The University of Suffolk has released an updated version of their highly popular downloadable resource the Higher Education Online Safeguarding Self-review Tool to coincide with the Office for Students (OfS) marking a year since they published their Statement of Expectations to tackle harassment and sexual misconduct.
Funded by the OfS, the self-assessment Tool was originally created in 2019 by Professor Emma Bond, Pro Vice-Chancellor Research and Professor of Socio-Technical Research at the University of Suffolk and Professor Andy Phippen, Professor of Digital Rights at Bournemouth University and a visiting professor at the University of Suffolk.
It specifically focuses on tackling online sexual violence, hate crime and harassment and enables higher education providers to assess themselves to improve their online safeguarding practice.
The Tool has been revised in response to the wider awareness of harassment and abuse across the sector following the media coverage of the Everyone’s Invited website where more than 80 universities were mentioned by students giving specific examples of sexual harassment they had experienced at UK universities.
It is also in response to the 2021 publication of the OfS Statement of Expectations for preventing and addressing harassment and sexual misconduct affecting students in higher education.
This second version reflects the very different HEI online environment post pandemic and has been updated to include guidance on two new aspects of safeguarding - online delivery and mental health and it comprehensively covers 25 aspects of online safeguarding important for HEIs to consider and grade themselves on four levels for each aspect.
Professor Emma Bond said: “While student safeguarding is a well-established responsibility for UK higher education institutions, thanks to the OfS Statement of Expectations, good practice in online safeguarding is finally becoming recognised across the sector.
“In spite of a duty of care accorded to UK universities to act reasonably in students’ best interests, to protect their well-being and to provide support as they continue in education, there remains a lack of guidance in relation to current practice and regulation around online safety within higher education.
“In response, our tool – developed by the University as part of the Office for Students Catalyst funded programme to support good practice in safeguarding students – focuses on tackling sexual violence, hate crime and online harassment, and is designed for higher education institutions to self-review their online safeguarding practice.”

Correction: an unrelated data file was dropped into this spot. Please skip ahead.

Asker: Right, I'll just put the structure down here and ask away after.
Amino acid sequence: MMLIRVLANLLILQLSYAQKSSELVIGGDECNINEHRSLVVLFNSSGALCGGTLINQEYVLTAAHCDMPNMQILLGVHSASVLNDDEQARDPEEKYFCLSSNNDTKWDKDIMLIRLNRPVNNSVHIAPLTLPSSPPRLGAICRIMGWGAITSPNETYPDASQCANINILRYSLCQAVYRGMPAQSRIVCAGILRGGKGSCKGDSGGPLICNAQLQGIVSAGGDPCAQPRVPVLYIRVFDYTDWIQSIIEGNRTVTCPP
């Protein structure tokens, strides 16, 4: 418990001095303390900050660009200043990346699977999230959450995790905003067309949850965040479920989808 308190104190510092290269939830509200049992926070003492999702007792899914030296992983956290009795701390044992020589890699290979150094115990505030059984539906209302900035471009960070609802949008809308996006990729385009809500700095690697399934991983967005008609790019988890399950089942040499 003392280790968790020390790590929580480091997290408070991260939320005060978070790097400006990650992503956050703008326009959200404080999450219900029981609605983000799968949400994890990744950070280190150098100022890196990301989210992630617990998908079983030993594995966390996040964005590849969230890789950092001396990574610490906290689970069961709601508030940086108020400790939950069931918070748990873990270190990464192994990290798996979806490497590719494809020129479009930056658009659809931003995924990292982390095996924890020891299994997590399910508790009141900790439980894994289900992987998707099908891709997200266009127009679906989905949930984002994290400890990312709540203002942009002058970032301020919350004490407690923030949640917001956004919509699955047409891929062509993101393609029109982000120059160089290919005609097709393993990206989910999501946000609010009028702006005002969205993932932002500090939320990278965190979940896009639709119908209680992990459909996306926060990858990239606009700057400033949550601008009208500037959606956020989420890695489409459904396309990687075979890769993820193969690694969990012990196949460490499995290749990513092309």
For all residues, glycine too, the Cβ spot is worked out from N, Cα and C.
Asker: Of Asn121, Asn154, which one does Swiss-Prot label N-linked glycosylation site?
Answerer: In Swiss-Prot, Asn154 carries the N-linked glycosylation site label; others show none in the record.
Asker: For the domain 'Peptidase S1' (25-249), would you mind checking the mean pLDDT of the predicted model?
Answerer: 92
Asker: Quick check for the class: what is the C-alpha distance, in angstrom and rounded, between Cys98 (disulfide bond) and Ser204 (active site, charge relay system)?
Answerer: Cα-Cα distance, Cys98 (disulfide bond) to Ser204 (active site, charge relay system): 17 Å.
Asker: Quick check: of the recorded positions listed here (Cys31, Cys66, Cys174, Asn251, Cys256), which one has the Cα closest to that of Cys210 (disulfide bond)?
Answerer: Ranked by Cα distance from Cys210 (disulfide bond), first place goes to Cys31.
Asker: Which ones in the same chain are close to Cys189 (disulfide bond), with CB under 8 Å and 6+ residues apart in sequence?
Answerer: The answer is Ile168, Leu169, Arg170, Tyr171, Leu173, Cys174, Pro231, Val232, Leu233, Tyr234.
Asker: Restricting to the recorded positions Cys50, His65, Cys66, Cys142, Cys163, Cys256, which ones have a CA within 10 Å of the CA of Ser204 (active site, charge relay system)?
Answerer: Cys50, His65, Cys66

This Tool is specifically intended to support universities in developing good practice to safeguard students online and to provide guidance for HEIs on how to assess current practice to inform how Higher Education Providers meet the OfS expectations to clearly communicate and embed across the whole organisation, their approach to preventing and responding to all forms of harassment and sexual misconduct affecting students.
Professor Andy Phippen said: “Whilst the OfS Statement of Expectations acknowledges that online is one of the ways in which abuse, harassment or sexual misconduct can occur, it is in our experience of working in the field of online safety for many years, a form of abuse that needs to be addressed specifically.
“Online abuse is different and should be acknowledged. It can have a far wider geographical reach, and can be delivered across multiple platforms and devices, and be delivered incessantly”.
Given that the pandemic saw the majority of student education and the associated higher education experience being online, there might expect an increased acknowledgment and recognition across the sector of the importance of addressing student welfare in the online environment.
However, there is still little guidance from regulatory bodies and HEI member organisations as to how institutions best respond to online harms and sadly, institutions hear of many commonplace and undisclosed incidents from students saying that their institution still fails to have both policy and practice in place to support them, proportionate and transparent sanctions for abusers and the means to provide education and training around acceptable and unacceptable online discourse.
University of Suffolk Press Office